USAFA Pagan Circle has Christian History
A blog by a USAFA cadet reaffirms prior comments that the new pagan circle at the US Air Force Academy is in an area frequented for other purposes, and even has a unique spiritual history.
The area is collectively referred to as the “LZ,” and the clearing has been used–for years–as a station on the hill for which to conduct “training” for fourth class cadets. The author of Wonderings and Wanderings has a post on the 14th of January that says his squadron used the LZ for training–3 days before the “cross incident” occurred (which, incidentally, was also a long weekend). At the time, no one knew that it was intended to be a pagan circle.
Another quote, after he hears about the controversy and realizes what it is about, is telling:
I discovered it’s actually an earth-centered religion/Wicca worship center. That’s rather ironic, because it was one of my favorite places to pray last year, and I know some of my friends have gone up there to worship under the stars. It’s a great place to watch the sunset – God’s sunset.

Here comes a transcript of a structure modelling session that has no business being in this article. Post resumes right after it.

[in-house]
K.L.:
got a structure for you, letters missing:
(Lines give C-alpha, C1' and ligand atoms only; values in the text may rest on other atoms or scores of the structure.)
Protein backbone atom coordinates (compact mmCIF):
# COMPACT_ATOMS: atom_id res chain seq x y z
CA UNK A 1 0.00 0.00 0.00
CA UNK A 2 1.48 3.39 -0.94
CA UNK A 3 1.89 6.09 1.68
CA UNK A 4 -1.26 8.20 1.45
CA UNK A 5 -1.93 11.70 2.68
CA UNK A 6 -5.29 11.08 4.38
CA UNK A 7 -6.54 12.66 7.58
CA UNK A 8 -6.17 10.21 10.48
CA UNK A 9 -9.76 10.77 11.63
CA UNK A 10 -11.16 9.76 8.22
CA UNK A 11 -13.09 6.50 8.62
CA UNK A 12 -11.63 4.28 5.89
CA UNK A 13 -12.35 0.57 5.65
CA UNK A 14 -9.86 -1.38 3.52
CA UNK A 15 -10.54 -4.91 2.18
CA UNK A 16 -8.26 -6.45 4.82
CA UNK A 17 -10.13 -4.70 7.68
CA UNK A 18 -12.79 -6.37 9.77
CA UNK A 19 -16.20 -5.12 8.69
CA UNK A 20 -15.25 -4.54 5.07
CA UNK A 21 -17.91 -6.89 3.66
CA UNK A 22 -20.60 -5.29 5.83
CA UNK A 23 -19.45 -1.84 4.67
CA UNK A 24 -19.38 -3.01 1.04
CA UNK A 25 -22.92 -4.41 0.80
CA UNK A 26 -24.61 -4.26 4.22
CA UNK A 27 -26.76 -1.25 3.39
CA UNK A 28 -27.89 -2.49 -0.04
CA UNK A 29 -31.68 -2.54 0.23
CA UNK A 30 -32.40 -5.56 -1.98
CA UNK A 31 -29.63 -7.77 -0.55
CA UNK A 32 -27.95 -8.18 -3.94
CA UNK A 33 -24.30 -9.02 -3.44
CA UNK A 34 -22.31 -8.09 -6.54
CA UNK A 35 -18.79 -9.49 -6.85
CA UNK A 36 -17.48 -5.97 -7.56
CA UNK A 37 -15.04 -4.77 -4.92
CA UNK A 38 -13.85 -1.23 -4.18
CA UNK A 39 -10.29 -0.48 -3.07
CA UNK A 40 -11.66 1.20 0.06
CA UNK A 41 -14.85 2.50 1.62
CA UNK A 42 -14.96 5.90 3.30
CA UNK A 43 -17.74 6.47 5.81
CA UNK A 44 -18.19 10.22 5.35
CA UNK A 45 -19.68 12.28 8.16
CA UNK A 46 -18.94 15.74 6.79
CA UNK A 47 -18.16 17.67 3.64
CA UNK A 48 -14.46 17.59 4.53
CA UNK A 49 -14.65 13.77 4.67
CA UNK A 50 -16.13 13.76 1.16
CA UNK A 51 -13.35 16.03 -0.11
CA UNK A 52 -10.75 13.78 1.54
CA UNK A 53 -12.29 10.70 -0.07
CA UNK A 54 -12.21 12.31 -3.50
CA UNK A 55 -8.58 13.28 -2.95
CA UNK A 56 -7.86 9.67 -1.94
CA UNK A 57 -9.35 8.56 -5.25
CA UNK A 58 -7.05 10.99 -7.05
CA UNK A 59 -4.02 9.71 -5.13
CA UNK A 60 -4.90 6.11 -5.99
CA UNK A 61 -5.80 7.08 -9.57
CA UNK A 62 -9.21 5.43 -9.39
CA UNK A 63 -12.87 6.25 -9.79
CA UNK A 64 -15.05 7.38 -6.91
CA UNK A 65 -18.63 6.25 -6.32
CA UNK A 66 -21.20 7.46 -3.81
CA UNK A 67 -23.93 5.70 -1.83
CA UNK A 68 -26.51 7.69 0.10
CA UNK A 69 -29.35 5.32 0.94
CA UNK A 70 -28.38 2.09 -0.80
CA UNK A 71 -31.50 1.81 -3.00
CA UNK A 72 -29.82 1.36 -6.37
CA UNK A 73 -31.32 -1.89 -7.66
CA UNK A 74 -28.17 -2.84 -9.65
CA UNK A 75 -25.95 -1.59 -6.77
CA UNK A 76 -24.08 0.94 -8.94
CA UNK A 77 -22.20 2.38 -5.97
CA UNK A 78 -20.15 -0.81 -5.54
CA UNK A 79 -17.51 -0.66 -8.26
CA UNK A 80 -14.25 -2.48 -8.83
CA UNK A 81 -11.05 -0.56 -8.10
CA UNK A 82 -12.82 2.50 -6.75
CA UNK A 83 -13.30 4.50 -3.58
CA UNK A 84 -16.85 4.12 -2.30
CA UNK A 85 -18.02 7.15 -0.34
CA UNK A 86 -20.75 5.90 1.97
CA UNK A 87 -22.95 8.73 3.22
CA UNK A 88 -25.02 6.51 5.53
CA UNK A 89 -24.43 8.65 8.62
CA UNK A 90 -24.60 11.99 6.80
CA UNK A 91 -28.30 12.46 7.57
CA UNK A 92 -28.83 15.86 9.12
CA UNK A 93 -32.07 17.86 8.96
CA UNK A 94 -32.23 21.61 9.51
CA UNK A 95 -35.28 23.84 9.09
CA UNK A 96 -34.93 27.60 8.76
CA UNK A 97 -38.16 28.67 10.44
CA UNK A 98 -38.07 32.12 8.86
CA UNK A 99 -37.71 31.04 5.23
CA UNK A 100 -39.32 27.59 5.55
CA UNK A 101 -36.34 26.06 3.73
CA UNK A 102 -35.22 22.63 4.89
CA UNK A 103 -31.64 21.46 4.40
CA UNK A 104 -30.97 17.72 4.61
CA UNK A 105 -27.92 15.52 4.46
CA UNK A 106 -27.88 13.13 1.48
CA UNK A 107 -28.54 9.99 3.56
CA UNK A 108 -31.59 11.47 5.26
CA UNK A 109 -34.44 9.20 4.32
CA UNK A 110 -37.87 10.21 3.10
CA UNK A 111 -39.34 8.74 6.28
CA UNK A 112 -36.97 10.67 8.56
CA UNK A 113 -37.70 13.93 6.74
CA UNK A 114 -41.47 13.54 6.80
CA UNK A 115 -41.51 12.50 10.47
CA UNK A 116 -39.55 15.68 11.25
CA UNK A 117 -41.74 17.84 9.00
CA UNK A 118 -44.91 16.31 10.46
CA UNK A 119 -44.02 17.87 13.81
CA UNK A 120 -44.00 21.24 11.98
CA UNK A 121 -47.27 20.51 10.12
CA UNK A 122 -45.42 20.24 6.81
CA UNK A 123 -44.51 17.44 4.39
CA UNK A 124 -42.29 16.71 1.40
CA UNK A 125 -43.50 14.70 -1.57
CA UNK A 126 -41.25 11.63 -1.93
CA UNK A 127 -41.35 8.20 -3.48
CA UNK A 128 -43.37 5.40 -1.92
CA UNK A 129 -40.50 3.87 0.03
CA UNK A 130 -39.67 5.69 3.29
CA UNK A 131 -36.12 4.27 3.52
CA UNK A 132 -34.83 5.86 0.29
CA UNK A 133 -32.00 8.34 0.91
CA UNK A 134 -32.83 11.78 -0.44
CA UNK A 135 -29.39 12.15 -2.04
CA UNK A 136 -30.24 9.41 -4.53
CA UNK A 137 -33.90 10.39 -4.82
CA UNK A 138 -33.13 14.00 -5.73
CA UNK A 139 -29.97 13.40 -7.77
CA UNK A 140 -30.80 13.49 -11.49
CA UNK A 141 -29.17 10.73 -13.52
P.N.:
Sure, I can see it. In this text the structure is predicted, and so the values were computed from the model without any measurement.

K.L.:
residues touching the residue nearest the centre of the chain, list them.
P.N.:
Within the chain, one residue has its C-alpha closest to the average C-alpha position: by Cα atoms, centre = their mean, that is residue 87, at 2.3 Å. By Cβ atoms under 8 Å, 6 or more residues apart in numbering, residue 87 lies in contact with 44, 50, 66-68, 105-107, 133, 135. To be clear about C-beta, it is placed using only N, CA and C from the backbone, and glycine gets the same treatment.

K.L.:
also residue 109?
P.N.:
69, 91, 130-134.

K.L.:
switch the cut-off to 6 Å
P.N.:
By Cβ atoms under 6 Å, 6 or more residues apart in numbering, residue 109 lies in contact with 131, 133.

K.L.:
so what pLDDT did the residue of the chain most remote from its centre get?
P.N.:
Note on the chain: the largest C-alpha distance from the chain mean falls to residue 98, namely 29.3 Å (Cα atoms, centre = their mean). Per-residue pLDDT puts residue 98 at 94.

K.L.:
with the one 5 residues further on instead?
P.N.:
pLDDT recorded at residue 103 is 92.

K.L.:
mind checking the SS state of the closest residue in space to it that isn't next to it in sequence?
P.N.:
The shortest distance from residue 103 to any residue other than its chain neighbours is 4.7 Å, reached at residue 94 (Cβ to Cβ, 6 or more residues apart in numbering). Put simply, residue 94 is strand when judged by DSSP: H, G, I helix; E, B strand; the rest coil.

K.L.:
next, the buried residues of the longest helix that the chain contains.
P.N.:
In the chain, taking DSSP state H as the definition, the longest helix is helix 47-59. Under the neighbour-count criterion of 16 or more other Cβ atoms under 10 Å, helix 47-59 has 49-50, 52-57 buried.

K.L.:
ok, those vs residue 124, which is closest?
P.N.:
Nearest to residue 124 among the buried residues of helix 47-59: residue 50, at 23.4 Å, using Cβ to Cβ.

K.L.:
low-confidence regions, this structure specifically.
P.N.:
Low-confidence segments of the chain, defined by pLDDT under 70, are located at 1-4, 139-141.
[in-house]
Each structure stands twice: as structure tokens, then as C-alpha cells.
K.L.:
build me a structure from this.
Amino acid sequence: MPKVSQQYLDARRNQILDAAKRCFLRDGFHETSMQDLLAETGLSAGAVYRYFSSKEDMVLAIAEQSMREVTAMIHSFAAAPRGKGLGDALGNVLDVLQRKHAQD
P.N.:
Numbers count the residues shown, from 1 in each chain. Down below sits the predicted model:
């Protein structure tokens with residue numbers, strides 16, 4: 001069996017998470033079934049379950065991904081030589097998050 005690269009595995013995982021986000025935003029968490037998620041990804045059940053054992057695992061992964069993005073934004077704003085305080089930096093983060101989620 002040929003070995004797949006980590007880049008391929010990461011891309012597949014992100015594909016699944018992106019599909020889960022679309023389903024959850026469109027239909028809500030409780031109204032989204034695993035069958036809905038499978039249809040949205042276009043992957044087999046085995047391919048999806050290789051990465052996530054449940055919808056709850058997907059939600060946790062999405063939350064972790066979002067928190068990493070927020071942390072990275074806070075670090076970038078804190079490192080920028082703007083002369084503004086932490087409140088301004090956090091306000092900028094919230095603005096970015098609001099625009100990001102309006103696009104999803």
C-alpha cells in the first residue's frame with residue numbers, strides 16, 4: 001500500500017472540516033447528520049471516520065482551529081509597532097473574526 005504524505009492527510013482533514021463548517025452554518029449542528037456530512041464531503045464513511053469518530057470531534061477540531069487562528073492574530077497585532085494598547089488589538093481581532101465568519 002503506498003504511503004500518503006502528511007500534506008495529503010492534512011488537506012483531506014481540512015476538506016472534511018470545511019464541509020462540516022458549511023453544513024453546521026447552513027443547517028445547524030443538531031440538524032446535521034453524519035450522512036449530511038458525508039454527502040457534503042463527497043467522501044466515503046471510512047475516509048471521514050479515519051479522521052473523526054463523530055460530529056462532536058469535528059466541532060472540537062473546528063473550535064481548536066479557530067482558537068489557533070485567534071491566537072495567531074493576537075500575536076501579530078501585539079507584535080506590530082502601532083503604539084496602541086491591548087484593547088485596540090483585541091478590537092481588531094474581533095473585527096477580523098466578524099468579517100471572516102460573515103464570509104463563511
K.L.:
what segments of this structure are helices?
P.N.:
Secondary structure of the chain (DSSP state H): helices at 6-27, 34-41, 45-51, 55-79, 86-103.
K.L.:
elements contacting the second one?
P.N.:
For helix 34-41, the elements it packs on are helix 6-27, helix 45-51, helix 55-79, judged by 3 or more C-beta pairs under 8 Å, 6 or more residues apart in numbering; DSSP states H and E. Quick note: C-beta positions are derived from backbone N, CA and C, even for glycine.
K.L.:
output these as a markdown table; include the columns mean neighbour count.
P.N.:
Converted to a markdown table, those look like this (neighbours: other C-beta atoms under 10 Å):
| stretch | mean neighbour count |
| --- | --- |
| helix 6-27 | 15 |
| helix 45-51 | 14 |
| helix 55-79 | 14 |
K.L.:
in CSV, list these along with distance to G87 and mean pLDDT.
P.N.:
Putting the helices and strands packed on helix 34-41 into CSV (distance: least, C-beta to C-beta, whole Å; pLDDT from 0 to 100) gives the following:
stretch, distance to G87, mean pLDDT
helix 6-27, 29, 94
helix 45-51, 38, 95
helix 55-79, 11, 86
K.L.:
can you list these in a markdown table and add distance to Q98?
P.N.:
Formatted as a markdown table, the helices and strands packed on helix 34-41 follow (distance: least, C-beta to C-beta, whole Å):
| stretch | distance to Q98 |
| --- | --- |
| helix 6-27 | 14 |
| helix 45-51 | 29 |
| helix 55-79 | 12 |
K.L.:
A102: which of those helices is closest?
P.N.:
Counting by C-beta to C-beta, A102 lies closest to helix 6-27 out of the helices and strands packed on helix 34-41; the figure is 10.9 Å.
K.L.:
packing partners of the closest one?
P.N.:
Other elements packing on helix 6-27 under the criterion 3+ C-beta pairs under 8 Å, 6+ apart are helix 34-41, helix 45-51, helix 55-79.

Apparently, there’s a pretty big controversy about a cross that was placed up there, leaning on one of the rocks. First of all, I’m pretty sure I saw crosses there – like the one described – long before the earth-centered religious people set the rocks there. Second, it’s entirely possible that the cross-placer didn’t know it was an earth-centered worship center. It could just as easily be a God worship center, like it was before for me and others, without the rocks.
His commentary is consistent with others who have had or heard about similar experiences on the LZ. (The LZ has also been used for a variety of other purposes, some more nefarious than others.)
He does agree that if the cross was placed as an affront, it was not an appropriate thing to do. However, his observations highlight the fact that the pagan circle was not fully-known among cadets; that it was placed on a site frequented for other purposes; and that the site itself was used by Christians for their own private worship. Even so, he expresses a supportive perspective for the freedoms of the pagans, an admirable and fairly common reaction, though hardly the face that is being put on Academy Christians right now.